At the Center of the World

 God did not exist until we created Her.  –Kirill Musov

The first thing that struck Kirill Musov when he entered the Polyna Academy of Russian Ballet was the pervasive scent of stale sweat and, though it was more subtle: blood.

“Line up, girls.” The old crone rapped the gold ferrule of a malacca cane against the floor. She was dressed in black crepe with a green scarf knotted around her neck. The Order of Lenin was pinned to her breast. Dangling from a gold wrist bracelet was the Moscow Medal of Artistic Accomplishment for Dance and Party Loyalty, circa 2010. 

Two dozen girls entered the training hall in a tumbled flurry of pink and white leotards, long graceful limbs, and feather-light tulle. Without speaking they arrayed themselves against the wooden barré, toes turned out, heads back.

“These are my best girls, Comrade Musov.” There was no hint of pride in Mme. Zhanna Polyna’s voice, only a statement of fact that these were, indeed, her best girls. If for no other reason than they were her only girls.

Musov shifted the cardboard tube he carried under one arm. “Krasnya. They’re lovely, Mme. Polyna. One assumes their physical talent matches their incomparable beauty?” 

She lifted her sharp chin a fraction of a degree. “Of course, Comrade Musov. I accept nothing less from my students.”

Musov looked them over. Which one, he wondered. Which of these young women will save our destiny? 

“I appreciate your candor, Mme. Polyna. You may begin.”

“As you command,” Polyna said. “Girls, this is Comrade Musov from the Moscow Polytechnic Institute of Advanced Cosmological Studies.” They regarded him with wide, guileless eyes. “He has come to our school to conduct important business on behalf of the State. You are to do what he says, answer any questions he has, without hesitation.”

A chorus of meek acknowledgments: “Da, Madamoiselle.”

“First, we will show Comrade Musov what you have learned under my care.” The malacca cane rapped the floor. “Attention!” The bodies came alert. “Relevés and échappés. Begin on my count. Un. Deux. Trois....” 

Which one? Musov wondered.

Stale sweat and bruised blood. He found the juxtaposition unsettling as the girls went through their ethereal movements. Such a place which celebrated the pink and white tradition of gossamer music and physical balance should not smell so strongly of the more quotidian human secretions, he thought. But, the Revolution itself was built on blood and sweat and shattered bone. And before his job was finished, unless he was successful, the world as they knew it would soon drown in chaos.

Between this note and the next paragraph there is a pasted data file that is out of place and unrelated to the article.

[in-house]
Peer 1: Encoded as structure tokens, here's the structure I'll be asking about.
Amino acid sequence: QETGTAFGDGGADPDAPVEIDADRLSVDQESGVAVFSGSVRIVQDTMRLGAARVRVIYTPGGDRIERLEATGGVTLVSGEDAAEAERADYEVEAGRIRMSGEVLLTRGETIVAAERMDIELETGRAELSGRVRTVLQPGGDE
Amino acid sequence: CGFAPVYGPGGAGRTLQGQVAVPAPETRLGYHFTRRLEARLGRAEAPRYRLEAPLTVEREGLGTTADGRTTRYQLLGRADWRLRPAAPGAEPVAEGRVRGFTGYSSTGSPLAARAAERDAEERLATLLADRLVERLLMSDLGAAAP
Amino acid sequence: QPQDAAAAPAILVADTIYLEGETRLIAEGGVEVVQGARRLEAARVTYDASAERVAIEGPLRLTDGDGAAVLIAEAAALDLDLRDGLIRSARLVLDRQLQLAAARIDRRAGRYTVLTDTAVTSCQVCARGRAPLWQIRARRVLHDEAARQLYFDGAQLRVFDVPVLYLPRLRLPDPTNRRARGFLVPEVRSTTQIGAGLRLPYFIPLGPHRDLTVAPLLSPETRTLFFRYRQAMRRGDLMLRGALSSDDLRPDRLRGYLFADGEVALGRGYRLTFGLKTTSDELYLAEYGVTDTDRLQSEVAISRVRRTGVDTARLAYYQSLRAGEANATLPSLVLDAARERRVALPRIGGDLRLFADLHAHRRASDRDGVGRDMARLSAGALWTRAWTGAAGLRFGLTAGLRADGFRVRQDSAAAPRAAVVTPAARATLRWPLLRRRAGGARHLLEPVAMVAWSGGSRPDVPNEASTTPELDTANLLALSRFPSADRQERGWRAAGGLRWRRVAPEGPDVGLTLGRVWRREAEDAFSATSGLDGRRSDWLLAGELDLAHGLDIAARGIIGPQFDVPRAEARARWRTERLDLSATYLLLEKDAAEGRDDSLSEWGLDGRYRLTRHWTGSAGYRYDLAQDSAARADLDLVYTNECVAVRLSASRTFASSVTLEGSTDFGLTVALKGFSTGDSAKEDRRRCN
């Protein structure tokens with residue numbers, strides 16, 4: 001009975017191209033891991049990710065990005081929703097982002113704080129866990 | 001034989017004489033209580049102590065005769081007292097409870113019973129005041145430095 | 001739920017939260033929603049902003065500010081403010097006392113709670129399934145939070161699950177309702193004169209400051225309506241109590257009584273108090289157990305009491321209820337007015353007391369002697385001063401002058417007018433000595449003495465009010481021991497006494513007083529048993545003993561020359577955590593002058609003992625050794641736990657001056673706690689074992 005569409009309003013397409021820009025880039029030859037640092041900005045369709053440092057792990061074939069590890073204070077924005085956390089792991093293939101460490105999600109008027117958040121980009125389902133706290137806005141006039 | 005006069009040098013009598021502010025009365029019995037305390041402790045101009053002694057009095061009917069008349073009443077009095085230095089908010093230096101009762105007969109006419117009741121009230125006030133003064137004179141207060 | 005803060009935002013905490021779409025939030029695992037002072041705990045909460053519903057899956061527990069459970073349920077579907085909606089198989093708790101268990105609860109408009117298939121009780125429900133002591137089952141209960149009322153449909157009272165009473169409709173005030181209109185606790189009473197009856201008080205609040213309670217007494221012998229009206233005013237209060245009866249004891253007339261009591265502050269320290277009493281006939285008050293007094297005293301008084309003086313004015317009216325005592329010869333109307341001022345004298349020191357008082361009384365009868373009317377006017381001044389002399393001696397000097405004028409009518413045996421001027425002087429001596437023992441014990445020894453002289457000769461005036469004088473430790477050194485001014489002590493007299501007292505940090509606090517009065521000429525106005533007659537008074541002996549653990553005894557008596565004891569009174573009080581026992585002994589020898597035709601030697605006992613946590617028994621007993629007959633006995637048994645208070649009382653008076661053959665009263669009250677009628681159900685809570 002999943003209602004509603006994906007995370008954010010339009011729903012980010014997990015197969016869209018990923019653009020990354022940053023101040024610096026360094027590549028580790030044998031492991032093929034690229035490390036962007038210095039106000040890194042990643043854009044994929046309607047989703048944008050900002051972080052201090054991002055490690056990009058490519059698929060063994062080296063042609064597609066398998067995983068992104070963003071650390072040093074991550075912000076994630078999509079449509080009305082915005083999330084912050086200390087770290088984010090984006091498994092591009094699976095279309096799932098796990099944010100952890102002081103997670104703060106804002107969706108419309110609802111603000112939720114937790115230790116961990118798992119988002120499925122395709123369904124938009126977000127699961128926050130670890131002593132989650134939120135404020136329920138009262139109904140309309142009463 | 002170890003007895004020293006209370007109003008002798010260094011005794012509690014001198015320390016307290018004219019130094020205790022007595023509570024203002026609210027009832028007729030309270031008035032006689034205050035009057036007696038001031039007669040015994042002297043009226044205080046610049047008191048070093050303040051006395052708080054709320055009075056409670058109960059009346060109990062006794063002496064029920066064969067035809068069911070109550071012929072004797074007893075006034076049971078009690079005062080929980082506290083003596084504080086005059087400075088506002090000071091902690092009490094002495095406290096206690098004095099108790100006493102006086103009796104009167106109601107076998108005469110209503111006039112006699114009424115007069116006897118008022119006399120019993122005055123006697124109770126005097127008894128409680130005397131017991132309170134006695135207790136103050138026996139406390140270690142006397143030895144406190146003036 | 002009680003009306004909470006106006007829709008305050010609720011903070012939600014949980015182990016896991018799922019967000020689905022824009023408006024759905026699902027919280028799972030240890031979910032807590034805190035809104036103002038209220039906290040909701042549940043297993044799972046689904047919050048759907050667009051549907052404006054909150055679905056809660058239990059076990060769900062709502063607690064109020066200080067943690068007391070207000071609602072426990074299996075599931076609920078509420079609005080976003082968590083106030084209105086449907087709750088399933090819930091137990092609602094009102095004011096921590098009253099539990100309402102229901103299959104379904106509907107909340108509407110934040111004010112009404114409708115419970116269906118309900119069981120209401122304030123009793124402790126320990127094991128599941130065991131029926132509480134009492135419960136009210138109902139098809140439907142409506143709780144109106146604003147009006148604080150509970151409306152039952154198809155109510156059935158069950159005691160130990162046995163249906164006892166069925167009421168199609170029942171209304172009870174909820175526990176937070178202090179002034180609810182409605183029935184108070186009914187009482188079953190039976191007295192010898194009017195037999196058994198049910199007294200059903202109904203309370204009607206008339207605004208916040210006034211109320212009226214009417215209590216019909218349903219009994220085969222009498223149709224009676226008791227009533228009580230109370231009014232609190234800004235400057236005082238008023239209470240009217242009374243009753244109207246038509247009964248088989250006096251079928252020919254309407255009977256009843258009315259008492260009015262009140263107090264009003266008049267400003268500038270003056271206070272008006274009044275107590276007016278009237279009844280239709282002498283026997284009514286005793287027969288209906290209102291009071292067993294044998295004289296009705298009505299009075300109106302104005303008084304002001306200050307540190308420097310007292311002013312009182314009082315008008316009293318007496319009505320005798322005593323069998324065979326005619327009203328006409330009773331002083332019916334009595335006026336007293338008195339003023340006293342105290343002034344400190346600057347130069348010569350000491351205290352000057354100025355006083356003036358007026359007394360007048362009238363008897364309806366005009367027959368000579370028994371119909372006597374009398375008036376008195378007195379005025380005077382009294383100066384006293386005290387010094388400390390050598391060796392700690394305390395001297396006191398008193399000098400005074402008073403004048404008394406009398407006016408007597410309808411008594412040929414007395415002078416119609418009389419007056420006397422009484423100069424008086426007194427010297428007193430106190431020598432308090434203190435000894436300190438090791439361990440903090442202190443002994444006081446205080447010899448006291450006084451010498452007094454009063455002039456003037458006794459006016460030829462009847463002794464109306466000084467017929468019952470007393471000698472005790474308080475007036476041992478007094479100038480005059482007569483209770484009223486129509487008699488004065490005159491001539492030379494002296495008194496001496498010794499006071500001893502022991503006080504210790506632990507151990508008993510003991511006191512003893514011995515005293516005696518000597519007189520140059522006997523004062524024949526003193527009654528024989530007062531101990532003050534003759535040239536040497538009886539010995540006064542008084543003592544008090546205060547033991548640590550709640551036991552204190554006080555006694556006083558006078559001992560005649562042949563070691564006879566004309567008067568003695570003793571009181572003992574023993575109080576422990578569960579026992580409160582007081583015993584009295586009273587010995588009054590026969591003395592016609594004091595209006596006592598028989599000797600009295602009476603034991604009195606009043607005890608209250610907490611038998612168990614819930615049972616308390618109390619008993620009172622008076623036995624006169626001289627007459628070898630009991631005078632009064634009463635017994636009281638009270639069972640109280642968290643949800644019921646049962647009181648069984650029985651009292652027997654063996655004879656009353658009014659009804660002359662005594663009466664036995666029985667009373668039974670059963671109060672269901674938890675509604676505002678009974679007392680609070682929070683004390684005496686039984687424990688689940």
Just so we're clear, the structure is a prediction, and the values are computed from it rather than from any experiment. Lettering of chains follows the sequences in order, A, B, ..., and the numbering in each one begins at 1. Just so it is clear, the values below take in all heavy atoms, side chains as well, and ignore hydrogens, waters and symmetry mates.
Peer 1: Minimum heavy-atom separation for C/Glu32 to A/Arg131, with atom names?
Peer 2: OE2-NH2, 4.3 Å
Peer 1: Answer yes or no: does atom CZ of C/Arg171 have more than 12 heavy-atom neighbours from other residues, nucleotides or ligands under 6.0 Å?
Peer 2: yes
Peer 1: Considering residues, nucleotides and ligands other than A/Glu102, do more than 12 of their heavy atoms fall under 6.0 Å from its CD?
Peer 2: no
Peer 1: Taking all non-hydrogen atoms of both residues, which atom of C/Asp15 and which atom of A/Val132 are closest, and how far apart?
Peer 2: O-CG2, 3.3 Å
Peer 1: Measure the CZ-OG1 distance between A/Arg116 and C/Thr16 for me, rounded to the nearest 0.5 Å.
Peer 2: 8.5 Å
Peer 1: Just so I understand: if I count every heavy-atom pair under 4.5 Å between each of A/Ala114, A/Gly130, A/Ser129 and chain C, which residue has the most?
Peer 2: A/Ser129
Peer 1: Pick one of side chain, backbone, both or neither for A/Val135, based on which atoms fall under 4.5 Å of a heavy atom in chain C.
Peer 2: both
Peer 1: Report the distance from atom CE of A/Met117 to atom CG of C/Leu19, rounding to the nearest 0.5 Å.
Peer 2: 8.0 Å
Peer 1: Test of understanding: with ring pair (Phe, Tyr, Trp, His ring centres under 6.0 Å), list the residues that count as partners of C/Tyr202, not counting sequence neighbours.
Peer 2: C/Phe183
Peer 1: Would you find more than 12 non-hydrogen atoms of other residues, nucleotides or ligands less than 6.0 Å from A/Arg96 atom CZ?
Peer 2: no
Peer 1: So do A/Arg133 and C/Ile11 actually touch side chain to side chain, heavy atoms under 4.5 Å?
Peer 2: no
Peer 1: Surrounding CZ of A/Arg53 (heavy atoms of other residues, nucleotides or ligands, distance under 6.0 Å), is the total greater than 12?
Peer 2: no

I must prevent that from happening, he reflected.

But which one?  

Upon command the ballerinas began en pointe work. Graceful extensions, the precise marriage between bone and muscle. The exercise continued apace. Pliés. Pas de chat. Pas de bourrée en pointes. He found their mental and physical discipline extraordinary. At last the girls moved from the barré to the center of the dance floor. Now they were doing grand jetés, huge graceful moves which gave the illusion of being suspended in mid-air, defying gravity. 

How closely, he wondered, would that physical sensation marry to what the pilot would experience as she extended her mind and body throughout n-space?

Mme. Polyna’s cane crashed to the floor. “Enough. Line up so Comrade Musov may address you.”

Another soft, whispered flurry of excited movement. The girls stood in a single row, faces glowing, slim arms sheened with perspiration. They watched Musov with a single, concentrated gaze.

The old woman crossed her bone-white hands over the pommel of her cane. “For your inspection, Comrade Musov.”

“Thank you, Mme. Polyna.” He smiled at the girls to put them at ease. He knew they had questions, a thousand questions. It wasn’t everyday an apparatchik of his caliber appeared in their lives, despite the fact these women were training in the most prestigious ballet school in Moscow -- a school from which students regularly graduated to the Bolshoi.

“Good morning. My name is Dr. Kirill Andreivich Musov. As Mme. Polyna said, I am the personnel director of an institute which studies cosmology. Simply put, we do theoretical and experimental work in the field of high-energy physics. Our main experimental lab is in Novosibirsk. Much of our work is classified, but I assure you nothing happens there that does not impact the safety and security of the Soviet Global Collective.”

He walked up and down the line of girls, addressing each as he spoke. He wanted to look into their eyes. In short he became aware of one girl in particular. She was no taller than five foot two, compact, and one of the tiniest girls in class. There wouldn’t be a problem fitting her inside the dimensions of the Bohm chamber, he reflected. But was she flexible enough? And did she possess the physical and mental stamina needed to cross the domain wall from this reality into the mind twisting madness of n-space? 

“Because our work is so secretive,” he continued, “you must not discuss what you see and learn here today.”

Of course, nothing they would see or hear would mean anything to them. But it was vital he draw upon their national pride and Party loyalty to advance the experiment.

“Do I have your personal assurance you will never speak about this?”